The Really Good Things In The Indie Film Biz 2012

Last year I wrote out 15 really good things about the indie film biz (2011). My first instincts at looking at the list, are that the 15 from last year are still in process this year. Maybe I was a bit ahead of the curve.  Maybe I should hold this post until 2013.  But I don't think so -- we have much to celebrate this year too.

So what are the new developments that are now taking hold?  Unfortunately, my mind hasn't found the answers as quickly as others have (and here too) even if I do consider myself quite the optimist.  Okay, make that a pessmistic optimist, but an optimist nonetheless.  I have struggled to hit the same number as last year, but I did it, and even exceeded it -- and hopefully you'll continue to fill in the list with what I forgot.

  1. Direct distribution is really working.  We did it on DARK HORSE.  They are also doing it on I AM NOT A HIPSTER (opening January 15 nationwide). The list on the doc side is pretty huge: Stacy Perata and team did it on BONES BRIGADE.  Jeff Orlowski is doing it on CHASING ICE. As INDIE GAME: THE MOVIE: THE CASE STUDY ( http://bit.ly/105pigj) shows, they did it there too.  Add Eugene Jarecki and THE HOUSE I LIVE IN team to the list too.
  2. Hollywood is taking more creative risks.  http://www.nytimes.com/2012/11/25/movies/films-dispense-with-storytelling-conventions.html  As Ben Affleck noted about this year in film, ", “movies that involve taking risks by the filmmakers and the financiers have been successful."
  3. The film industry is moving towards proportional gender representation in front of and behind the camera.  The NY Times did a good job of pointing the work women are doing done in front of the camera, and that Hollywood is doing producing tales of female heroines.  Additionally, Indieland -- the traditional leader of the cultural space -- has for the first time, shown some balance behind the camera too.  Sundance has an equal number of female directors as men in the narrative competition.  That shouldn't be a surprise, but it has taken us a long time to get here, and we do need to address why there are not more women in power in the entertainment business.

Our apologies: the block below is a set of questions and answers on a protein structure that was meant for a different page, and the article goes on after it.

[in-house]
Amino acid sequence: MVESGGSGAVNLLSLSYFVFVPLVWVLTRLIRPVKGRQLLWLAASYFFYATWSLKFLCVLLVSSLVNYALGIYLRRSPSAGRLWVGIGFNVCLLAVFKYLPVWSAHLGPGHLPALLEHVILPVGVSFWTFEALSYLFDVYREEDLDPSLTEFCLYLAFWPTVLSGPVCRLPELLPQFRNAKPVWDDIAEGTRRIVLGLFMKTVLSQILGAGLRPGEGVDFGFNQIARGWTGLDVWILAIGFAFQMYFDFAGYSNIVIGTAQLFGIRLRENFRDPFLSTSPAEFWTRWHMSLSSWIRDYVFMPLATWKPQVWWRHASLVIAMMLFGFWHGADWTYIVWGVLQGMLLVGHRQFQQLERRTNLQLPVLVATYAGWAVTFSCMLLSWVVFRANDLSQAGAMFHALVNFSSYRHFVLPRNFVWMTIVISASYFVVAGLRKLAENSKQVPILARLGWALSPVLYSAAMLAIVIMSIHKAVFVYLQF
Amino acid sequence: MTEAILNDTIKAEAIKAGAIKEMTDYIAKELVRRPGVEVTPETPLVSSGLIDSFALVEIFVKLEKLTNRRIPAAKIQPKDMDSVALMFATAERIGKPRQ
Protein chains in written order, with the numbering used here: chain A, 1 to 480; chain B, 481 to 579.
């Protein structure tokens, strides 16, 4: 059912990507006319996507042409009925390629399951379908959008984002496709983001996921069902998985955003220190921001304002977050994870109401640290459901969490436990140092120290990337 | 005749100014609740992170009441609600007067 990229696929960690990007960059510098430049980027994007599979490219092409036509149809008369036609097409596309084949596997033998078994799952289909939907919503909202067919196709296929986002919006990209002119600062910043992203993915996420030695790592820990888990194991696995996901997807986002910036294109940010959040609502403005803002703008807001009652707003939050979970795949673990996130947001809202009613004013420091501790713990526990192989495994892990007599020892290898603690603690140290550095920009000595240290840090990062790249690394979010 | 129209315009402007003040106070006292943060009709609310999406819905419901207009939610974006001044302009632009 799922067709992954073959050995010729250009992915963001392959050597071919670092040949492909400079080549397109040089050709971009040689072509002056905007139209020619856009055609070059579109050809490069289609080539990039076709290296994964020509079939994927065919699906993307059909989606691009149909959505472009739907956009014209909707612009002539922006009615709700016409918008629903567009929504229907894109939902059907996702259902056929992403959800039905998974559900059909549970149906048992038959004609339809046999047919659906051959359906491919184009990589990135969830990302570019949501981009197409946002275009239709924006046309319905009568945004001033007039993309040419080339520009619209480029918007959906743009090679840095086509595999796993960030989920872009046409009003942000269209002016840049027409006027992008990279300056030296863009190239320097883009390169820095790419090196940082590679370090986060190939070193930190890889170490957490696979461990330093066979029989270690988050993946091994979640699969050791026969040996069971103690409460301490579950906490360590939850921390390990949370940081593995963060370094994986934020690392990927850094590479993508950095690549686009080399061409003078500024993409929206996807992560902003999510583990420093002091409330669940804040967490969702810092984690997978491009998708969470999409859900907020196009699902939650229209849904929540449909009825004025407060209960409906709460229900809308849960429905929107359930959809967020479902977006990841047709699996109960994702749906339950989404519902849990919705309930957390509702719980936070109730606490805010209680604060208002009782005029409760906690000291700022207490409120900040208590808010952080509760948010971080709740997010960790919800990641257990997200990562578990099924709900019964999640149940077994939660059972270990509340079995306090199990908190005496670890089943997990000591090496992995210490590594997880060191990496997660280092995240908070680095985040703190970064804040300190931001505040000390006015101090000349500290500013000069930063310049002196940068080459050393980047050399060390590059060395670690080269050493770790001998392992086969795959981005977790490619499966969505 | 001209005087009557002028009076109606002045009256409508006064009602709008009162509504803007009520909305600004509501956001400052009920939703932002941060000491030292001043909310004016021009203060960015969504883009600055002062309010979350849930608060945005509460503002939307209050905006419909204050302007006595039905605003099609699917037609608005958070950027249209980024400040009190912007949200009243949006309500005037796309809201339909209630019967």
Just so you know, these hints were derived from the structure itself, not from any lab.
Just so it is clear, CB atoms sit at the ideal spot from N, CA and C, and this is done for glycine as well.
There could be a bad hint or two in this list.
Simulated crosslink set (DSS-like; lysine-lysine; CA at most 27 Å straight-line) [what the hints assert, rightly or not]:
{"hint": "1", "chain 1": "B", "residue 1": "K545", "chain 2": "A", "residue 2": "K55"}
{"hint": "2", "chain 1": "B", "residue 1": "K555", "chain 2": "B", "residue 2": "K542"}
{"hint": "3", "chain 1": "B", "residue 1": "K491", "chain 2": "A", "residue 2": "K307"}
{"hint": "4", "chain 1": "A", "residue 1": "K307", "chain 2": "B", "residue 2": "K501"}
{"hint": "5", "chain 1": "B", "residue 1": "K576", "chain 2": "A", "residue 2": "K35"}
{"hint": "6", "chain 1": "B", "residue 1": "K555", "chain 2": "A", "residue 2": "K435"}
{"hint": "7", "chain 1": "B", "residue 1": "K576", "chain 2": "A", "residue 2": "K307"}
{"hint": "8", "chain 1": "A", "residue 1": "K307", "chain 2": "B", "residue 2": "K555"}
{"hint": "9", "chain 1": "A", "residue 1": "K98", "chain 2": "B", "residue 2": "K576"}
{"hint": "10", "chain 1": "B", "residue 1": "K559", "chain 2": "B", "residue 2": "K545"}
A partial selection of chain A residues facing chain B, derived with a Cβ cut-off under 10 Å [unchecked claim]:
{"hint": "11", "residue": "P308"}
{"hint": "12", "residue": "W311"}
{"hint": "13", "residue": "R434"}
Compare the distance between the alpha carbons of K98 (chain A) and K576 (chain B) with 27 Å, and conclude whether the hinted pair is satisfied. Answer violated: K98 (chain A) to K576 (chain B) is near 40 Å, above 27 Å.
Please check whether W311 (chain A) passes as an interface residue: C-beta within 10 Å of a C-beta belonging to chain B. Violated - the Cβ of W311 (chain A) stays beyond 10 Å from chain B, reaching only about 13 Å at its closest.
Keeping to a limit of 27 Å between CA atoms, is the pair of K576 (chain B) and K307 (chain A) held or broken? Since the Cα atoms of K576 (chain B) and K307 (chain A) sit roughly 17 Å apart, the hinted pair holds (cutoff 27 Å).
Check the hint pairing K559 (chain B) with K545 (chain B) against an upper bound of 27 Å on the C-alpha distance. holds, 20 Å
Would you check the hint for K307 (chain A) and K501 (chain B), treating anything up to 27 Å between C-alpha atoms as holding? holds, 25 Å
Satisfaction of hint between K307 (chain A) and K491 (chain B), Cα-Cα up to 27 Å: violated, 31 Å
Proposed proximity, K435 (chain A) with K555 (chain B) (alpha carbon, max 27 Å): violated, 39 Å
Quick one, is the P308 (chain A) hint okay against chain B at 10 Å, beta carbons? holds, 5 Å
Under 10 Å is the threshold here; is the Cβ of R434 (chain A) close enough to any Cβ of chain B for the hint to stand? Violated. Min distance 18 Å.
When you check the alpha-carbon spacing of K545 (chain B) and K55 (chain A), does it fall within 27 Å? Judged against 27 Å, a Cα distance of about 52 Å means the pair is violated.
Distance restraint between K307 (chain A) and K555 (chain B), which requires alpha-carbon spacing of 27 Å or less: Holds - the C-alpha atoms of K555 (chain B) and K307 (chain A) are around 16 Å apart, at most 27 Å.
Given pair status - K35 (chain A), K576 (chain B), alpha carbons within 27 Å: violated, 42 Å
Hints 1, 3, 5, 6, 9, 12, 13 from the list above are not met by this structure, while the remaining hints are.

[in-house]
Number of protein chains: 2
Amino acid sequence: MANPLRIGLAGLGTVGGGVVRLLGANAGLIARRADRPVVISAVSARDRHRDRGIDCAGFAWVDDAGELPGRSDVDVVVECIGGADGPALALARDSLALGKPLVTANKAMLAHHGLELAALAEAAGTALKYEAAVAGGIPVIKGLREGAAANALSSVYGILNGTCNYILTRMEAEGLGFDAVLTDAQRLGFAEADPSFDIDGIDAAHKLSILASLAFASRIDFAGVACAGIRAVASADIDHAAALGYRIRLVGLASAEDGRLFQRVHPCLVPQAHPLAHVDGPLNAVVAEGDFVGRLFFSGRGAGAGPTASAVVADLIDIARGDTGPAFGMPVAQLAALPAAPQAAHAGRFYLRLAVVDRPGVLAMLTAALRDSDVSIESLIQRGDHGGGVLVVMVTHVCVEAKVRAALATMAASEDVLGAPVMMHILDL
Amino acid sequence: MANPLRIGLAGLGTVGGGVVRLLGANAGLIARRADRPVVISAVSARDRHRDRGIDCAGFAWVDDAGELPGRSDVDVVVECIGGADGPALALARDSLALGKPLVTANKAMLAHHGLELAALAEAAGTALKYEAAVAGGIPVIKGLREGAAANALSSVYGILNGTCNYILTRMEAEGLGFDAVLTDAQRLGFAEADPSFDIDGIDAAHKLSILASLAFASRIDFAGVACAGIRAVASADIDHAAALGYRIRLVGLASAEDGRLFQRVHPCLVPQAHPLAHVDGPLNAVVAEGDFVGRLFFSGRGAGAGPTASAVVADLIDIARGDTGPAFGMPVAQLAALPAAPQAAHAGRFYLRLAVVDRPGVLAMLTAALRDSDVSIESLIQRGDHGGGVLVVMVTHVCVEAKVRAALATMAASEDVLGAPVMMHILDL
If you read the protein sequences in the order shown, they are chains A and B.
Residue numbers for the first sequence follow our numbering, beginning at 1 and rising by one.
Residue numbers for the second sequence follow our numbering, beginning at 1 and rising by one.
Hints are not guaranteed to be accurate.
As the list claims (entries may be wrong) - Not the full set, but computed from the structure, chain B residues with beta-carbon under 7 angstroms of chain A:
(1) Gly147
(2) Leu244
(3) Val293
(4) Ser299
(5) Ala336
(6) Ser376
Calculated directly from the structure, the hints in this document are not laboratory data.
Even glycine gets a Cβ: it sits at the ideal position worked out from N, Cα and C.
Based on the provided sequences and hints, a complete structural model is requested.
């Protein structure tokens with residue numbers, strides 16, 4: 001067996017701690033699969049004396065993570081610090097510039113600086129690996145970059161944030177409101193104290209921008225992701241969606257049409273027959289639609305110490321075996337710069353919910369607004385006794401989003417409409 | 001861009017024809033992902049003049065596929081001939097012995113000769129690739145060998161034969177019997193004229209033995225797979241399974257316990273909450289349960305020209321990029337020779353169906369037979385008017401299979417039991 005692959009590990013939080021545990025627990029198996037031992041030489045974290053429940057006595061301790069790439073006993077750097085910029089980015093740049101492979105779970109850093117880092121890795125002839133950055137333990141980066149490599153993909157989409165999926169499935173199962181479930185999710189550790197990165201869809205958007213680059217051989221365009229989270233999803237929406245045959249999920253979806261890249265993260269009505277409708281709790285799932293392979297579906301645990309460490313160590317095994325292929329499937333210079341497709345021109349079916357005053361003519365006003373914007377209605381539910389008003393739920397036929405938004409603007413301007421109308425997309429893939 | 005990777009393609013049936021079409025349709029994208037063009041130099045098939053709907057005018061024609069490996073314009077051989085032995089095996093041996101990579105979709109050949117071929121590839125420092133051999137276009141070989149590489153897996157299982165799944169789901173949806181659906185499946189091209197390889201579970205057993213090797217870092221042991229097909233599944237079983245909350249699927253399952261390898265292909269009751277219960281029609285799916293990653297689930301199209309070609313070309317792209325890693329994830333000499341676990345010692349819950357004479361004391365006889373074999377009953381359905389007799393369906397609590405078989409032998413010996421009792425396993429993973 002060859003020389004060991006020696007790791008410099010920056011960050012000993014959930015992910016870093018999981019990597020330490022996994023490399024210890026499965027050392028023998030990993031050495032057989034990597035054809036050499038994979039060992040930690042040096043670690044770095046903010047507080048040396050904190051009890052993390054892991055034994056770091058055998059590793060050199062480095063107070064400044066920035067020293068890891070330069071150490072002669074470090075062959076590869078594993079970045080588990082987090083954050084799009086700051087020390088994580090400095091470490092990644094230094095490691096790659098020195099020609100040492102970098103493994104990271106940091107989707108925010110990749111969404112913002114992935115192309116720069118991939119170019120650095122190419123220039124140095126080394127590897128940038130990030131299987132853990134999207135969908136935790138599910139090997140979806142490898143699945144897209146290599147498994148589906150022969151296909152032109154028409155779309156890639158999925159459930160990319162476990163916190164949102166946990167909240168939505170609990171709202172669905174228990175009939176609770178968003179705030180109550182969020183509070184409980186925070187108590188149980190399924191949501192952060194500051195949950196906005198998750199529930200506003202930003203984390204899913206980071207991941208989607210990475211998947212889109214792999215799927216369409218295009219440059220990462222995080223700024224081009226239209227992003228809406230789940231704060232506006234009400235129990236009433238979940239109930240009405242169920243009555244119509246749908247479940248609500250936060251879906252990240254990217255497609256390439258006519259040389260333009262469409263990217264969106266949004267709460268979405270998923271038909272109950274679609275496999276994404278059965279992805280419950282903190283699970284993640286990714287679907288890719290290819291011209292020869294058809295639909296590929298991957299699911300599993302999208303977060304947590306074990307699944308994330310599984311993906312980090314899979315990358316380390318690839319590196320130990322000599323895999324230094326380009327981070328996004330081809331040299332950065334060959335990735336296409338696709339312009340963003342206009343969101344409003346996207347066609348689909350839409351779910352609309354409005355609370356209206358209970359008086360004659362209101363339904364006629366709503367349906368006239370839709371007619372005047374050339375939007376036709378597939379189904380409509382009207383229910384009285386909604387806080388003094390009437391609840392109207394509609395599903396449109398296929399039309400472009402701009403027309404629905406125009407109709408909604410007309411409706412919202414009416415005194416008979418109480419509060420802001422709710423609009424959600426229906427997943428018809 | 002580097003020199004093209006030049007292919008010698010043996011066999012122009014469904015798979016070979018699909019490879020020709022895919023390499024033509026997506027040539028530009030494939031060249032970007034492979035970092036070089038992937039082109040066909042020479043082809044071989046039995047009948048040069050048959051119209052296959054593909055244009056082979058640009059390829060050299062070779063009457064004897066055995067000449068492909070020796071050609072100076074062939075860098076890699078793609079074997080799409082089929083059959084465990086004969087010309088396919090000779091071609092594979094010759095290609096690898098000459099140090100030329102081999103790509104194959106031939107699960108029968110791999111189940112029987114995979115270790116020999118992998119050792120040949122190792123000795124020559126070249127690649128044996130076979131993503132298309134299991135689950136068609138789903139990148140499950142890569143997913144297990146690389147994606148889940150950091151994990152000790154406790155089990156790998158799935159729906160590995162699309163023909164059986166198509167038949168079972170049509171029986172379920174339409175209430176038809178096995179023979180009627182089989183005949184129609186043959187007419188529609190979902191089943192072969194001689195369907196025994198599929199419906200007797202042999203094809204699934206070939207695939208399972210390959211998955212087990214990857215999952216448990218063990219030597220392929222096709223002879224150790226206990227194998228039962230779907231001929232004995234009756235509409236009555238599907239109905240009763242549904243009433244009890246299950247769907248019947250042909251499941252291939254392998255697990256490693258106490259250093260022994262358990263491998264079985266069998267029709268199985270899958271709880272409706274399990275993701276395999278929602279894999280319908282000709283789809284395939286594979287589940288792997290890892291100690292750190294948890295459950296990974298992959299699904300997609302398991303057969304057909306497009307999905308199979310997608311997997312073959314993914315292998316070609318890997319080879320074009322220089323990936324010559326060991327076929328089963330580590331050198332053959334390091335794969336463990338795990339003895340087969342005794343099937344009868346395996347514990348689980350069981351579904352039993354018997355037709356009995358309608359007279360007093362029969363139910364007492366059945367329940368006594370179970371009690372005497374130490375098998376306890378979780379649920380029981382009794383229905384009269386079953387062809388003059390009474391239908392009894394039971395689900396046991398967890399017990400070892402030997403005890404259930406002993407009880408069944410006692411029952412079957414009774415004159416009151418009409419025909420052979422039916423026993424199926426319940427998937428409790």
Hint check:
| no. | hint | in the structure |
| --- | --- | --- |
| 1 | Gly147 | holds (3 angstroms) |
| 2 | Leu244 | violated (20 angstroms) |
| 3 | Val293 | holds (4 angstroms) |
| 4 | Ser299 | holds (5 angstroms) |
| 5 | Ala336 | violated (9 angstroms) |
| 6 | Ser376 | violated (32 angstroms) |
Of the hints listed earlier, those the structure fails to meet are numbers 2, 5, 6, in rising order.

4. There is an appetite for acquisition from the distributors.  73 titles were acquired at Sundance in 2012. The question of whether they were acquired for a fair price may not unfortunately be part of the general discussion, but at least there was the option of licensing your work again this year.  And I will bring up the lack of a fair price in my upcoming "The Things That Really Sucked In The Indie Film Biz 2012".  Stay tuned...
  5. Worldwide, the industry is asking questions if there is a better way.  Just recently I was invited to Paris and Austin to discuss different perspectives on how we can serve audiences better and improve the business.  This is not the same as launching initiatives, but it is a start.  Last year, I mentioned that the conversation on the Future Of Film took off, but this year it seems to be on a global basis.
  6. Technology is confronting the problem of our transition from an entertainment economy based on scarcity and control of content, to one recognizing the abundance of, total access to, and full distraction from that content.  We have launched an app that does this well.  And we have a good number of competitors in the space.  Readers of this blog have been following the weekly peek into the start-up KinoNation that Roger Jackson has been chronicling -- another example of technology coming to the rescue (hopefully).  And we have media innovation incubator/accelerators starting to blossom.
  7. There has never been a better time to both preserve and advance the film culture I dearly love.  That's why I chose to change my life and focus not on project producing but on producing infrastructure and change.  I am not going to be able to do it alone, but working with the support of the organization that launched the oldest running film festival, should hopefully prove far more fruitful than from proclaiming on high from my private soap box.